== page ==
Central Processing Unit (CPU) 10 also controls and accesses a disk controller unit 12 which, in turn, accesses digital data stored on one or more disk storage units such as disk storage unit 13. In normal operation, programs and data are stored on disk storage unit 13 until required by CPU 10. At this time, such programs and data are retrieved from disk storage unit 13 in blocks and stored in RAM 11 for rapid access.
Central Processing Unit (CPU) 10 also controls an Input-Output (IO) controller 14 which, in turn, provides access to a plurality of input devices such as CRT (cathode ray tube) terminal 15, as well as a plurality of output devices such as printer 16. Terminal 15 provides a mechanism for a computer operator to introduce instructions and commands into the computer system of FIG. 1, and may be supplemented with other input devices such as card and tape readers, remotely located terminals, optical readers and other types of input devices. Similarly, printer 16 provides a mechanism for displaying the results of the operation of the computer system of FIG. 1 for the computer user. Printer 16 may similarly be supplemented by line printers, cathode ray tube displays, phototypesetters, graphical plotters and other types of output devices.
The constituents of the computer system of FIG. 1 and their cooperative operation are well-known in the art and are typical of all computer systems, from small personal computers to large main frame systems. The architecture and operation of such systems are well-known and, since they form no part of the present invention, will not be further described here.
In FIG. 2 there is shown a graphical representation of a typical software architecture for a computer system such as that shown in FIG. 1. The software of FIG. 2 comprises an access mechanism 20 which, for simple personal computers, may comprise no more than turning the system on. In larger systems, providing service to a larger number of users, login and password procedures would typically be implemented in access mechanism 20. Once access mechanism 20 has completed the login procedure, the user is placed in the operating system environment 21. Operating system 21 coordinates the activities of all of the hardware components of the computer system (shown in FIG. 1) and provides a number of utility programs 22 of general use to the computer user. Utilities 22 might, for example, comprise assemblers and compilers, mathematical routines, basic file handling routines and system maintenance facilities.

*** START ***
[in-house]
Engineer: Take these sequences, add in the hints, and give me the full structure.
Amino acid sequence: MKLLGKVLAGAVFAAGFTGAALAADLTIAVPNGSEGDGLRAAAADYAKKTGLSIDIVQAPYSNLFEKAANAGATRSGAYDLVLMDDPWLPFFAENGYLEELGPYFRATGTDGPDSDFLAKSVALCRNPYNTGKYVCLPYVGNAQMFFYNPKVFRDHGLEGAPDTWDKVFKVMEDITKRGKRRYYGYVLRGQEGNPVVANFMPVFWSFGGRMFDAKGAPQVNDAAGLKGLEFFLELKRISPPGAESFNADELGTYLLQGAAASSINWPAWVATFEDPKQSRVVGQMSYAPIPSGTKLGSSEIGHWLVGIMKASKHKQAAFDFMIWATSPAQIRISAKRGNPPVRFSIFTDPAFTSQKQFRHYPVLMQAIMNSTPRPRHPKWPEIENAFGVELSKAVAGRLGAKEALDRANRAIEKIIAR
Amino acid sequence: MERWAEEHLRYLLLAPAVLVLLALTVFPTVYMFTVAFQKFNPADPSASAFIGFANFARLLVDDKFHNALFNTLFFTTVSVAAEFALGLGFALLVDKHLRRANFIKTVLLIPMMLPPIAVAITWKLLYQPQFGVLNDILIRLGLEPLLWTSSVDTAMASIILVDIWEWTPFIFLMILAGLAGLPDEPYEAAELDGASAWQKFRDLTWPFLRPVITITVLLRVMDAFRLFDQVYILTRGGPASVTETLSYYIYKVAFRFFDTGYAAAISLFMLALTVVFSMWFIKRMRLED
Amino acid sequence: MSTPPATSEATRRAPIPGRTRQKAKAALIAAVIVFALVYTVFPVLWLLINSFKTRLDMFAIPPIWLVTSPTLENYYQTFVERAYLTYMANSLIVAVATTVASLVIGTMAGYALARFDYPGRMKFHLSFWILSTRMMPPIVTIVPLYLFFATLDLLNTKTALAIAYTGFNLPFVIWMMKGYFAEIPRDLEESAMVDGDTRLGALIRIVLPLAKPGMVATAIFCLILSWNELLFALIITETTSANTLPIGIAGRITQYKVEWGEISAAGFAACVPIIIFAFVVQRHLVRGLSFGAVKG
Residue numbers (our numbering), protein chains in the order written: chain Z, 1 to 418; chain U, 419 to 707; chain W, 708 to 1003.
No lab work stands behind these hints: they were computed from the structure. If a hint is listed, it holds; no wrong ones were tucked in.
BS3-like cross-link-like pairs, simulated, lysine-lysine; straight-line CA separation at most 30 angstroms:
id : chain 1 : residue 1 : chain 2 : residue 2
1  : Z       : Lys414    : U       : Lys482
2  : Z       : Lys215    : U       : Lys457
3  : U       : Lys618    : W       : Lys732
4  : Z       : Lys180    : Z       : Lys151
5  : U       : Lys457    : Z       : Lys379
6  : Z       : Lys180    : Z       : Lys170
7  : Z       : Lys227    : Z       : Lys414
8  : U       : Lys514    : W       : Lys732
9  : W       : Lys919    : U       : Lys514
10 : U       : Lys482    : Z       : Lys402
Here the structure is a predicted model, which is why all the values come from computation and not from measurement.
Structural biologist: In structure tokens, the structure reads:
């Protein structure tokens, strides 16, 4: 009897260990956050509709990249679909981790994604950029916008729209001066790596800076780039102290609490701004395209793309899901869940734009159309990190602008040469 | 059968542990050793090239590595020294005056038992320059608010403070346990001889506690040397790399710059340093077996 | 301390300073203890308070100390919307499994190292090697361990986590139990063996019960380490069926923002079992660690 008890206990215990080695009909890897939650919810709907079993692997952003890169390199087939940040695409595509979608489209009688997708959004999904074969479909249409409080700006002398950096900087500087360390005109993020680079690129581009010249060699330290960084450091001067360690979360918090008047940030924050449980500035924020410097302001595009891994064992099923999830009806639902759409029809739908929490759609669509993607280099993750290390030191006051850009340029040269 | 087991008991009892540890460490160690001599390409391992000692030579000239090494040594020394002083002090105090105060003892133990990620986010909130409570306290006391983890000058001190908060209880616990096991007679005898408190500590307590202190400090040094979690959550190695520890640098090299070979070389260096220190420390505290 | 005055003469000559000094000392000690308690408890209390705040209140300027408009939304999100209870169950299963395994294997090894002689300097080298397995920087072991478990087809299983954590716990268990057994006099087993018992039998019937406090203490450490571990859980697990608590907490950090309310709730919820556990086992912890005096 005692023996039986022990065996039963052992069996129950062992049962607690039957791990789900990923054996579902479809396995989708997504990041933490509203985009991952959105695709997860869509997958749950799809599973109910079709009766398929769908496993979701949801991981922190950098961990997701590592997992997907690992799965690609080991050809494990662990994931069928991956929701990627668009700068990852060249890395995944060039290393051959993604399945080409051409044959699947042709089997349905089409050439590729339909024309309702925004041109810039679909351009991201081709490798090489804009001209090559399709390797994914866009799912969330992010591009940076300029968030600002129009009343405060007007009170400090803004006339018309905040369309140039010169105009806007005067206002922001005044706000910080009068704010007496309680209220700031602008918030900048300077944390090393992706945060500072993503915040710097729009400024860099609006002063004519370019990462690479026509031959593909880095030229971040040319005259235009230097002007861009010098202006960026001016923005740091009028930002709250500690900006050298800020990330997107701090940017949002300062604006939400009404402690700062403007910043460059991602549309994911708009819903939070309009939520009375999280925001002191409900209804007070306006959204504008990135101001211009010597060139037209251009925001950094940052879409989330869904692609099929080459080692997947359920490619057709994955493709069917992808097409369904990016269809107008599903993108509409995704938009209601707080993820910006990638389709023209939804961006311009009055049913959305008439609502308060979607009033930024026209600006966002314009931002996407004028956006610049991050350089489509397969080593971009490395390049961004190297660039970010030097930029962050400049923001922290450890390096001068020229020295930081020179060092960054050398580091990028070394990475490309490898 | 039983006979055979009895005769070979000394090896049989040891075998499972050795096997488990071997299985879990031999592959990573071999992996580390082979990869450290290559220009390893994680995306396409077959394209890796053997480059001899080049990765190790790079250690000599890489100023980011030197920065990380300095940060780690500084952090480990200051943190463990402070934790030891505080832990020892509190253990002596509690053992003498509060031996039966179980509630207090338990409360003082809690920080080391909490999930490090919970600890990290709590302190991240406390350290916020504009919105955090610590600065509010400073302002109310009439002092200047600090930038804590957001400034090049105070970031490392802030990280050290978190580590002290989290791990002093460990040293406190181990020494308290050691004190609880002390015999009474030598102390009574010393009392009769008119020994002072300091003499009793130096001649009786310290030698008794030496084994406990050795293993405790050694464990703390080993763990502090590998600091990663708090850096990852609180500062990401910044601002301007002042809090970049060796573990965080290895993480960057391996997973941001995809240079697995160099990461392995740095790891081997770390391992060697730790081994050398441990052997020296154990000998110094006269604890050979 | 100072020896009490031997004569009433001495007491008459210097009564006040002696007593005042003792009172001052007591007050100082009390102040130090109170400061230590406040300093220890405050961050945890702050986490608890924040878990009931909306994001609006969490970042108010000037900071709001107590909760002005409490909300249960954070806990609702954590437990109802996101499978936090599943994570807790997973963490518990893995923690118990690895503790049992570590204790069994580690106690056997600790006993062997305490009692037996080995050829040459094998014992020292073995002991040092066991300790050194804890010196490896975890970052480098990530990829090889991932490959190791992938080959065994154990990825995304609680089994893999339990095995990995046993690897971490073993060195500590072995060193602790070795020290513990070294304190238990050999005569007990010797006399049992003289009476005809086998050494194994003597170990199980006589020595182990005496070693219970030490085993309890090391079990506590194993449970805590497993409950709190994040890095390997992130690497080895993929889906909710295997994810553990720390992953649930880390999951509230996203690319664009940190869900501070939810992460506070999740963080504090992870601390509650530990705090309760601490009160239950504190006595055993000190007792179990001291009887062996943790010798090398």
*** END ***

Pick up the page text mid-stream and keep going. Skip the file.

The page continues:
Many computer software systems also include a data base manager program 23 which controls access to the data records in a data base 24. Data base 24 may, for example, reside on a disk storage unit or units such as disk storage unit 13 of FIG. 1. User application programs such as application program 25 then use the data base manager program 23 to access data base records in data base 24 for adding, deleting and modifying data records. It is the efficient realization of a data base manager such as data base manager program 23 in FIG. 2 to which the present invention is directed.
Before proceeding to a description of one embodiment of the present invention, it is first useful to discuss hashing techniques in general. Hashing techniques have been used classically for very fast access to static, short term data such as a compiler symbol table. Typically, in such storage tables, deletions are infrequent and the need for the storage table disappears quickly.